In the government’s only official acknowledgement of the anniversary, the Foreign Ministry spokesman Hong Lei said, “In the last three decades and more of reform and opening up, China’s enormous achievements in social and economic development have received worldwide attention. The building of democracy and the rule of law have continued to be perfected.”

The message has been delivered to young people, in particular. We often imagine that young Chinese know nothing about the events of 1989; reporters who ask students to identify the image of the “tank man” frequently get blank stares. But more than a few students know the details and have applied a shade to the history. Several years ago, I met Liu Yang, a graduate student in environmental engineering at Stanford, who grew up in China. We happened to be chatting on the day of the nineteenth anniversary of Tiananmen Square, and, as I later wrote in The New Yorker, I asked him what he thought of the incident. He said, “If June 4th had succeeded, China would be worse and worse, not better.”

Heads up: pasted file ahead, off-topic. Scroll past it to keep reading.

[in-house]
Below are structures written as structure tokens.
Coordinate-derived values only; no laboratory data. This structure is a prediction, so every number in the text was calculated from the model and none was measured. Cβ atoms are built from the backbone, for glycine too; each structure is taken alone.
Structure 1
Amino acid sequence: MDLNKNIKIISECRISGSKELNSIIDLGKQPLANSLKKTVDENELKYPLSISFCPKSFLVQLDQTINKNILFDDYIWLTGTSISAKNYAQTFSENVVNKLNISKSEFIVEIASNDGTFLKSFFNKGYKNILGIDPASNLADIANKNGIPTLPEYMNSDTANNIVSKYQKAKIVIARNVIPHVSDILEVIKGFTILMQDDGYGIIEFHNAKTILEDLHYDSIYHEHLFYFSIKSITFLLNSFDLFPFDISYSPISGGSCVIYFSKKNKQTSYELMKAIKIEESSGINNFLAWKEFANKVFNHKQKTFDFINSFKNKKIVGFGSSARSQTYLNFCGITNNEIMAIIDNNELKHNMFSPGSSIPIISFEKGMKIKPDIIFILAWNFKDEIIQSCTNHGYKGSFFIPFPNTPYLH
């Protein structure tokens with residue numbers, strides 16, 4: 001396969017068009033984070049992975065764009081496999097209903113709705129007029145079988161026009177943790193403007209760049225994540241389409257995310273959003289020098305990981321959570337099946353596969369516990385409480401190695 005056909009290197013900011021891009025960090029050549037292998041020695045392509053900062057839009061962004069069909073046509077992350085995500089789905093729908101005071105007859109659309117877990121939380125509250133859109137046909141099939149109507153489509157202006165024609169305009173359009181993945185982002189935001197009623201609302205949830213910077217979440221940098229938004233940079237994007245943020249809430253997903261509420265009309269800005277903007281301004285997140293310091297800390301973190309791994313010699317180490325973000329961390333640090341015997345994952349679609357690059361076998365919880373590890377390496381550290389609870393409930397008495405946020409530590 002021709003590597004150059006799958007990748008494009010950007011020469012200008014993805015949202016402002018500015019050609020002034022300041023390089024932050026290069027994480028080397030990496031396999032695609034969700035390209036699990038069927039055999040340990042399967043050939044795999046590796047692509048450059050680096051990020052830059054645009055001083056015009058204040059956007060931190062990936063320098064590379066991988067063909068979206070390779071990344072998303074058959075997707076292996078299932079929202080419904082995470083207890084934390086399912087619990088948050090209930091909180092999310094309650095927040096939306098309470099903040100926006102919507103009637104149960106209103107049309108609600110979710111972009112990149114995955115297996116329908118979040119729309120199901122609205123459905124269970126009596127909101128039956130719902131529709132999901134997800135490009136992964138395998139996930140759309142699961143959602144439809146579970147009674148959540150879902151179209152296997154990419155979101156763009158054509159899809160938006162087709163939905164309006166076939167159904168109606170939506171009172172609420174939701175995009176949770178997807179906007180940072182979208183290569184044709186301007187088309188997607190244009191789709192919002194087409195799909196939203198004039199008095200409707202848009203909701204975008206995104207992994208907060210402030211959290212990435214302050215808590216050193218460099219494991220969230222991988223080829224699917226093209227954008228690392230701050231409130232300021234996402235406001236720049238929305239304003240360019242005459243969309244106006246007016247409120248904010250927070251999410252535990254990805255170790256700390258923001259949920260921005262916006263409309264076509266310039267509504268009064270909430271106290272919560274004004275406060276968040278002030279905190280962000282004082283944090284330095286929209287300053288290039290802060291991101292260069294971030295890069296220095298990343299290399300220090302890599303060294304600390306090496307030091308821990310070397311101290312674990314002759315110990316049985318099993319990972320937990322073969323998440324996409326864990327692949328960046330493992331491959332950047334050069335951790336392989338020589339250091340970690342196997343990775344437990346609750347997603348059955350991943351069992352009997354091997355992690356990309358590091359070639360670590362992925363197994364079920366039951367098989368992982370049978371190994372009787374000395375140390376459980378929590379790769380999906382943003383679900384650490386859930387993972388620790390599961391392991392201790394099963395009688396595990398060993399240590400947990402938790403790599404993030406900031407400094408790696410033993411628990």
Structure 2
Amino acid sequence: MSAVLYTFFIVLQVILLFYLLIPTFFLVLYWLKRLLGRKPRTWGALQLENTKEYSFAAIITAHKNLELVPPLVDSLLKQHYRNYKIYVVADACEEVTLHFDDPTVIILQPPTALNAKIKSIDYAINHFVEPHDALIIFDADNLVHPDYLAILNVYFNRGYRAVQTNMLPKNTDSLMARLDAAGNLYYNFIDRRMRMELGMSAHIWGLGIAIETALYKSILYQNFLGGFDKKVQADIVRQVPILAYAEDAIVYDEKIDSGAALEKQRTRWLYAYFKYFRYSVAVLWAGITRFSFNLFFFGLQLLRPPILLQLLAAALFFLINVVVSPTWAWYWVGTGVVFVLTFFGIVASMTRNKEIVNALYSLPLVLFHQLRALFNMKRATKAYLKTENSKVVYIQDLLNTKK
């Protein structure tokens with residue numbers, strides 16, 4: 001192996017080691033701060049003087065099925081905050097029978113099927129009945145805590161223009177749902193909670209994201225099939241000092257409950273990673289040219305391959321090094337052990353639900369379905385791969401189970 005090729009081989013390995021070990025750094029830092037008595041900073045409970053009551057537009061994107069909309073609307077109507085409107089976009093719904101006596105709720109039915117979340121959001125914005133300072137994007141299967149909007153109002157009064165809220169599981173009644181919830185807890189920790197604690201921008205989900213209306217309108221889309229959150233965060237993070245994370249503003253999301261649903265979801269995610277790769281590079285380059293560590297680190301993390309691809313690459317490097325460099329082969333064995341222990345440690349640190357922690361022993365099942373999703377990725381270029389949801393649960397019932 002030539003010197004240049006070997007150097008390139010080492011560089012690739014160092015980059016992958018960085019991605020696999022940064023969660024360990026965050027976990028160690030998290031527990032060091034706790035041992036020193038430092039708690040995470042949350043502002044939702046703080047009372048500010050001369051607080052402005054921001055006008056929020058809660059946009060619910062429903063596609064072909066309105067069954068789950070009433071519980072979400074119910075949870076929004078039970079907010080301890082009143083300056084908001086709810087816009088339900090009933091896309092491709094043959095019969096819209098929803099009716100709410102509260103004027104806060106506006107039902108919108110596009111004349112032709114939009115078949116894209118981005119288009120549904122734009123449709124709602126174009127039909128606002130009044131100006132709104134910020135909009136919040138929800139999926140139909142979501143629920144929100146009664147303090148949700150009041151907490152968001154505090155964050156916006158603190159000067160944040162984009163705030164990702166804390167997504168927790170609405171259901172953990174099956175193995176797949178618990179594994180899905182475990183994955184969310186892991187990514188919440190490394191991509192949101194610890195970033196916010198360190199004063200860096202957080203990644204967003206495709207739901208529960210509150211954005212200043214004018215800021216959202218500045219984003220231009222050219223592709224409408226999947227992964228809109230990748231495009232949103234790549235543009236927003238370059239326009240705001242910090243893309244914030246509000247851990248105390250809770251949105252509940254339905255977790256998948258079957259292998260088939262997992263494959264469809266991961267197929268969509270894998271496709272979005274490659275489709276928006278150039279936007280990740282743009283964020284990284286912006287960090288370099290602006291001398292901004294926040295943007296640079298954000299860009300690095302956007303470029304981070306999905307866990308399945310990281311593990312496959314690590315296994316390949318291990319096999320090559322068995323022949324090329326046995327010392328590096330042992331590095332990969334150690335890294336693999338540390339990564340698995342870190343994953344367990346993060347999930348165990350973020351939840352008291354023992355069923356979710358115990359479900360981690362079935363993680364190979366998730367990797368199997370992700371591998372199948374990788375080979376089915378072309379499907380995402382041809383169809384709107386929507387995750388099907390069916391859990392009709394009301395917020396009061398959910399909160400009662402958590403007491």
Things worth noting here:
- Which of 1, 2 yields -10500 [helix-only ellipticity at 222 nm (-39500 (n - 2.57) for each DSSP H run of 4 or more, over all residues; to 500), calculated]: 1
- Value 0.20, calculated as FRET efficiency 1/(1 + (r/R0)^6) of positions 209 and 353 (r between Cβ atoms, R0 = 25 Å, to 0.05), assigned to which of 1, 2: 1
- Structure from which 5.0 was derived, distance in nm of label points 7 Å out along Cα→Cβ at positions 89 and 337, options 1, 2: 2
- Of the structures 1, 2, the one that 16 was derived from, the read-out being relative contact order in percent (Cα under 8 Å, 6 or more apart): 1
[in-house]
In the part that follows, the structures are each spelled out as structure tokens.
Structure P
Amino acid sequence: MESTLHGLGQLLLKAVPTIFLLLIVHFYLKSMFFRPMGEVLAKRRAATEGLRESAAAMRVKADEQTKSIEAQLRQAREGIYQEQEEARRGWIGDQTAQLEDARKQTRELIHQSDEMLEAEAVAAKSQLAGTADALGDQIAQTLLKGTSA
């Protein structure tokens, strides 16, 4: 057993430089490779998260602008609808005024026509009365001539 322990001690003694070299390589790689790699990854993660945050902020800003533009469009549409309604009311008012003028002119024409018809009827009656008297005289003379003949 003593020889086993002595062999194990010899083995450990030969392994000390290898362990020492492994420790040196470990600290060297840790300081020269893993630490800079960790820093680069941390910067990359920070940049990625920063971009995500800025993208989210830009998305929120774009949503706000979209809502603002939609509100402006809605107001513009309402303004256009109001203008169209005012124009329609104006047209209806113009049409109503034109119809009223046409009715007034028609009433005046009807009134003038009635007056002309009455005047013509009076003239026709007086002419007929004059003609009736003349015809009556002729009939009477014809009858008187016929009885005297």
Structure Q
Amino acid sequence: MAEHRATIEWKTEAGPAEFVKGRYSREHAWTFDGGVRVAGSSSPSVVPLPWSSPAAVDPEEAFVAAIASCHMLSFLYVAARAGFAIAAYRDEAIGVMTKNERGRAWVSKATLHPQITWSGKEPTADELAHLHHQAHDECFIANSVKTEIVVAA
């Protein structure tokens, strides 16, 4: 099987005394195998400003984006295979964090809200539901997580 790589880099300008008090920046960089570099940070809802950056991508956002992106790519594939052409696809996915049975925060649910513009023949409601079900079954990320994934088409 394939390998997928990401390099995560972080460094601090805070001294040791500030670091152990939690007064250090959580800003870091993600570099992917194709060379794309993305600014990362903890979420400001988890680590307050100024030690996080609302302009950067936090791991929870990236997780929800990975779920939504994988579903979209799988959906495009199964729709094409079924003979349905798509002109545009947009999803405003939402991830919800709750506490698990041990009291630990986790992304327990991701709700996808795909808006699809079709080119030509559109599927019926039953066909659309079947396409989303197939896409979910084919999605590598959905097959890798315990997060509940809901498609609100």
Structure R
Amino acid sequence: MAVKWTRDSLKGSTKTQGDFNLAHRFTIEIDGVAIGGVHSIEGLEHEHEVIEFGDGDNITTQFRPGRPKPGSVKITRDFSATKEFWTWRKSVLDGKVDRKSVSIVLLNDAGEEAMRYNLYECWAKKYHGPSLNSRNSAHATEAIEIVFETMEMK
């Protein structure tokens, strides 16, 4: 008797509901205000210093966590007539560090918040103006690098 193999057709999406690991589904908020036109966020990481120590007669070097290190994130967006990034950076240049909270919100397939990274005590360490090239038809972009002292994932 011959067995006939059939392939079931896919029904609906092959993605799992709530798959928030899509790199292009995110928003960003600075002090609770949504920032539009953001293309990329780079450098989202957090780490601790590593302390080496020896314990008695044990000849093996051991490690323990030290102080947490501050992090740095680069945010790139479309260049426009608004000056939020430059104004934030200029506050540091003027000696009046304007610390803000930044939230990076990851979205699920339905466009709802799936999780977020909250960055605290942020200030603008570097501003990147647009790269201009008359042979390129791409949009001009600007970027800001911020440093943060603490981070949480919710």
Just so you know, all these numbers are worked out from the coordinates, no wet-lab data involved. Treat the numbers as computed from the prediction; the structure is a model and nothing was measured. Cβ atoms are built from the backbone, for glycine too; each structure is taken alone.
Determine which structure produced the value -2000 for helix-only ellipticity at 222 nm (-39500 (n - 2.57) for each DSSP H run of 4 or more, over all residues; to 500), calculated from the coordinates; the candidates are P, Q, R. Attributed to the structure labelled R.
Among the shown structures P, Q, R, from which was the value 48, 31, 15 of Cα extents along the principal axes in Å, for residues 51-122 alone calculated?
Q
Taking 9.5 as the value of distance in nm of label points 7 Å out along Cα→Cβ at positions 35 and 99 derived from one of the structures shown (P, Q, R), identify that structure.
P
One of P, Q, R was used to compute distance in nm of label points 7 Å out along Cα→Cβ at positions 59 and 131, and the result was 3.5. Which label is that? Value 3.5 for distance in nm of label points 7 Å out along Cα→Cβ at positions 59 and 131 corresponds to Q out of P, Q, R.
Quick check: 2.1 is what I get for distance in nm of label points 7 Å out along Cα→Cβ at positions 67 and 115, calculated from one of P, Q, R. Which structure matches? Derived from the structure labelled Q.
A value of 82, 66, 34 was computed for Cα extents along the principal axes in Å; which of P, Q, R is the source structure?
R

Christopher Beam finds Chinese millennials hazy on the details of what exactly happened and why:

Everyone I talked to knew the basic outline: Student protests, government crackdown, innocent civilians shot dead. But they weren’t all sure why the protesters were so upset. Jenny, a sharp 25-year-old legal expert living in Beijing, guessed it had to do with corruption. Several people suggested that the students were being manipulated by outside forces, particularly foreign governments. “Do you believe in conspiracy theories?” one young woman asked me. “It wasn’t about ideas,” said Susan. “It was just a power struggle.”